ANYTHING CALCULATED TO DECEIVE

This Court had defined fraud as “anything calculated to deceive.” “Moral turpitude” is anything which an attorney does knowingly and which is contrary to justice, honesty and good morals.”

In her defense, the lawyers for Ms. O'Brien said Mr. Larkin's petition to suspend her is unnecessary, saying the Illinois Constitution already prohibits Ms. O'Brien from the practice of law when she became a judge. “As a result, the relief the Administrator requests under Rule 774(a)(1) would have no effect.”
Her lawyers lead by Thomas P. McGarry of Hinshaw & Culbertson, LLP, also argued that the Illinois Supreme Court “lacks the power to enjoin a sitting judge from office. While this Court has authority to discipline an attorney from the practice of law, Art. VI, Sec. 15 of the Illinois Constitution vests
the sole authority for investigation and discipline of a judge with the Judicial Inquiry Board and the Illinois Courts Commission. (IL Const. 1970, Art. VI, Sec. 15.)

“By accepting the Administrator’s argument, this Court would be claiming shared power to
discipline a judge with the Courts Commission — a power the 1970 Constitutional Convention explicitly declined to give to this Court.”

SHOULD BE AFFORDED PROCESS RIGHTS

In seeking to stop her removal from the bench, Ms. O'Brien's lawyers told the Illinois Supreme Court that she should “be afforded the opportunity to exhaust her process rights. Though, she has been found guilty by a jury, she has not been convicted of the crimes with which she has been charged. The federal court proceedings have not yet concluded. Ms. O'Brien still has the opportunity to be acquitted.

This Court should not make a ruling related to Respondent’s law license or her ability to hold the office prior to the District Court’s final determination.”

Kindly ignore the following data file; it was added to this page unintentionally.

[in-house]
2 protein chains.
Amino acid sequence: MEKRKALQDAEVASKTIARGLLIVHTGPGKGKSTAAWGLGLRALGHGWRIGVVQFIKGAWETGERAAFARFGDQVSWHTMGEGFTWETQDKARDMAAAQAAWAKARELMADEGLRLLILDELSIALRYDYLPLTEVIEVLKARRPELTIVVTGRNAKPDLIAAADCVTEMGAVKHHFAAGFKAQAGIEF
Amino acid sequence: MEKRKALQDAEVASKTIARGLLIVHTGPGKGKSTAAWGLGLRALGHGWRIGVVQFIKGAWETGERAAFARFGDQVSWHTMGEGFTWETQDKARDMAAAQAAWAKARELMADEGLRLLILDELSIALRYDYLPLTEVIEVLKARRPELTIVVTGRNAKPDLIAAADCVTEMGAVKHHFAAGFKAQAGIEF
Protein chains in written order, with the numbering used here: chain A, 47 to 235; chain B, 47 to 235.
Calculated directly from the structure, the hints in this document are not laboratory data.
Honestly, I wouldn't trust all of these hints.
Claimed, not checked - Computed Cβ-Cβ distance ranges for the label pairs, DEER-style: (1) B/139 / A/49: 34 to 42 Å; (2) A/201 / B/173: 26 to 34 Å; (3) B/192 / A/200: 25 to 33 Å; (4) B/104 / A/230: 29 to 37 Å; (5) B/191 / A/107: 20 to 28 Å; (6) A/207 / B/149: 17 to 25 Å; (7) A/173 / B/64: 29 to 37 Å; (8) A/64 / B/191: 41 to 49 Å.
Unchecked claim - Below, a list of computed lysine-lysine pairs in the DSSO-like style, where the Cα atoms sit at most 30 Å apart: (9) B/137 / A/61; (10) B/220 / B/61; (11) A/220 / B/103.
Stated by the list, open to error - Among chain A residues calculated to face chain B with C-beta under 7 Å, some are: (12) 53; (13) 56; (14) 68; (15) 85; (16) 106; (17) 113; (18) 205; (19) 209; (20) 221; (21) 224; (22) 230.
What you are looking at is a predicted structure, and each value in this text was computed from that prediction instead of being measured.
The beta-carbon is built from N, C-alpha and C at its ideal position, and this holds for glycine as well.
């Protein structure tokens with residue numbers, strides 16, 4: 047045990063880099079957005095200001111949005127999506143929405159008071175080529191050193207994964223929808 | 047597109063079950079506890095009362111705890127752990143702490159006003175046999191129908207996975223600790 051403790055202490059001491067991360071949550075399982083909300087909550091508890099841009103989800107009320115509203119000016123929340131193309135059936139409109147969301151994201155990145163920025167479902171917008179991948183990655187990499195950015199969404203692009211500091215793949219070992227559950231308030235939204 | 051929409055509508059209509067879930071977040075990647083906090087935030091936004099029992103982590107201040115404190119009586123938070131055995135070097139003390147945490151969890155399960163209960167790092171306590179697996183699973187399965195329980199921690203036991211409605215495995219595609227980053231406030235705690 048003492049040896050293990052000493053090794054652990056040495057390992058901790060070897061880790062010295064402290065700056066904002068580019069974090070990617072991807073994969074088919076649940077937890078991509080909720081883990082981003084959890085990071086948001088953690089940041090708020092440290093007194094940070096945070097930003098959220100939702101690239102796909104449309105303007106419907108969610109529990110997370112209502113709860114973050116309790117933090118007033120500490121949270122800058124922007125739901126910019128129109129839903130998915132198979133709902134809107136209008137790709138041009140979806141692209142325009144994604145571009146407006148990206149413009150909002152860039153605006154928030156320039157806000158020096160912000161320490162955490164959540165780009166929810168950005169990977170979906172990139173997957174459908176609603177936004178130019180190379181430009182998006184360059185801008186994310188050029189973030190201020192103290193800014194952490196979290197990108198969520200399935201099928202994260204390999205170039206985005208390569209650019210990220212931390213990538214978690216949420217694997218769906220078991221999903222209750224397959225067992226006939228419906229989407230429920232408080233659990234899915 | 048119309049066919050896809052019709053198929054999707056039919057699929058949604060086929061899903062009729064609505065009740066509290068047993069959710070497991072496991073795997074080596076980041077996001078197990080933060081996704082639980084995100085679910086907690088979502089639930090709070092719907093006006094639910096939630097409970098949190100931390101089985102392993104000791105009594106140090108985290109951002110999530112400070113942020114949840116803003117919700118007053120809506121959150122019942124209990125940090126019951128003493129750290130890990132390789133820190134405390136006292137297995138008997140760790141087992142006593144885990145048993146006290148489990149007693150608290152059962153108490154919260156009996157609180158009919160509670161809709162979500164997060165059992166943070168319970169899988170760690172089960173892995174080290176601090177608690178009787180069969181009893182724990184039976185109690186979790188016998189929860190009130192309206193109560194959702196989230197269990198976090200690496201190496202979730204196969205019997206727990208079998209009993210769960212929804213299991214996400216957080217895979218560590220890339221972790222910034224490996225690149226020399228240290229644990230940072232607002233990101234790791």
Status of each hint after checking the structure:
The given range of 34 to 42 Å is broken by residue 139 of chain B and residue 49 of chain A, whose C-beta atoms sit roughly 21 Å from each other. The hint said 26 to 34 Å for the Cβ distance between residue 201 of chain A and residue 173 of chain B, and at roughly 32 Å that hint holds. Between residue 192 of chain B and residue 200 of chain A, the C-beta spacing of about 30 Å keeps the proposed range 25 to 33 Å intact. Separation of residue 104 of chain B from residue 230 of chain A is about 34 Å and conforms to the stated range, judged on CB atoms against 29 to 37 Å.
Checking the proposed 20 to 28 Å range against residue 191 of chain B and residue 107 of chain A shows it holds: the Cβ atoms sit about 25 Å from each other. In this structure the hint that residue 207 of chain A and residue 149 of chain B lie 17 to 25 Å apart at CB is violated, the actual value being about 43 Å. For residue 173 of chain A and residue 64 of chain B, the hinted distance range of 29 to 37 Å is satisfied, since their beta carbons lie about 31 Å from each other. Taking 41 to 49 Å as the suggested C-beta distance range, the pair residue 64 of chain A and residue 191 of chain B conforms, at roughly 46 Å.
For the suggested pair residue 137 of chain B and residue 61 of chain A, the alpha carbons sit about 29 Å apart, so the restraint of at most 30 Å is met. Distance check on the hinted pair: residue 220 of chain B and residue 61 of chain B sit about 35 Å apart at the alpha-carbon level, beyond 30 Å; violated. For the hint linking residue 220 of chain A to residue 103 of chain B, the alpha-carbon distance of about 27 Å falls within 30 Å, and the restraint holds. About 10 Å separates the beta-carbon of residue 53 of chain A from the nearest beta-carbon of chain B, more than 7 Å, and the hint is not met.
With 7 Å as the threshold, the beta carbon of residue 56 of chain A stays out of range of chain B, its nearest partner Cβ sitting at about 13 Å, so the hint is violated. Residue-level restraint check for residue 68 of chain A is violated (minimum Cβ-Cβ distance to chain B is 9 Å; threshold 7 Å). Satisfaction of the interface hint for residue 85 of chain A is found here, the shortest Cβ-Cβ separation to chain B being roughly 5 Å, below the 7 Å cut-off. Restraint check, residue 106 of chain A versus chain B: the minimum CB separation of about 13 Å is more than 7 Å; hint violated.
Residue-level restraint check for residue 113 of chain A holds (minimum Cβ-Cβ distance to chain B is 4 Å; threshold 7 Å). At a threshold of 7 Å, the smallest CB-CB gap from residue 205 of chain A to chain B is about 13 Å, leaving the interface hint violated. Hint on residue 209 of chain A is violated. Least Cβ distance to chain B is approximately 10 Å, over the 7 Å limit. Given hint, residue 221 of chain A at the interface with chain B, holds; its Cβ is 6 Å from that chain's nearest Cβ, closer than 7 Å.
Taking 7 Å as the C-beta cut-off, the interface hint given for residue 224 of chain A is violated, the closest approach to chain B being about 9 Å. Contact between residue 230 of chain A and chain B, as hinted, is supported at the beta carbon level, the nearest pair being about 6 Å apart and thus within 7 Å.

Her lawyers claimed that Ms. O'Brien “does not contest that she has been formally charged with the
commission of moral turpitude or that under the Rule, the Administrator has submitted evidence supporting the criminal charges via the jury’s verdict. This Court should deny the Administrator’s
request. However, because the Administrator cannot establish that the criminal charges against Ms. O'Brien reflect adversely upon her fitness to practice law. As a judge, the Illinois Constitution already prohibits her from practicing law.”

They cited “Art. VI, Sec. 13 of the Illinois Constitution [which] establishes prohibited activities for Illinois Judges. It states as follows: “Judges and Associate Judges shall devote full time to judicial
duties. They shall not practice law, hold a position to profit, hold office under the U.S. or this State or unit of local government or school district or in a political party.

“Service in the State militia or armed forces of the US for periods of time permitted by rule of the Supreme Court shall not disqualify a person from serving as a Judge or Associate Judge.”

COURTS COMMISSION, NOT SUPREME COURT

The lawyers added, “The Constitution provides the process for disciplining judges in Art. IV, Sec. 15. IL Const. 1970, Art. VI, Sec. 15 [which] creates the Judicial Inquiry Board and the Courts Commission.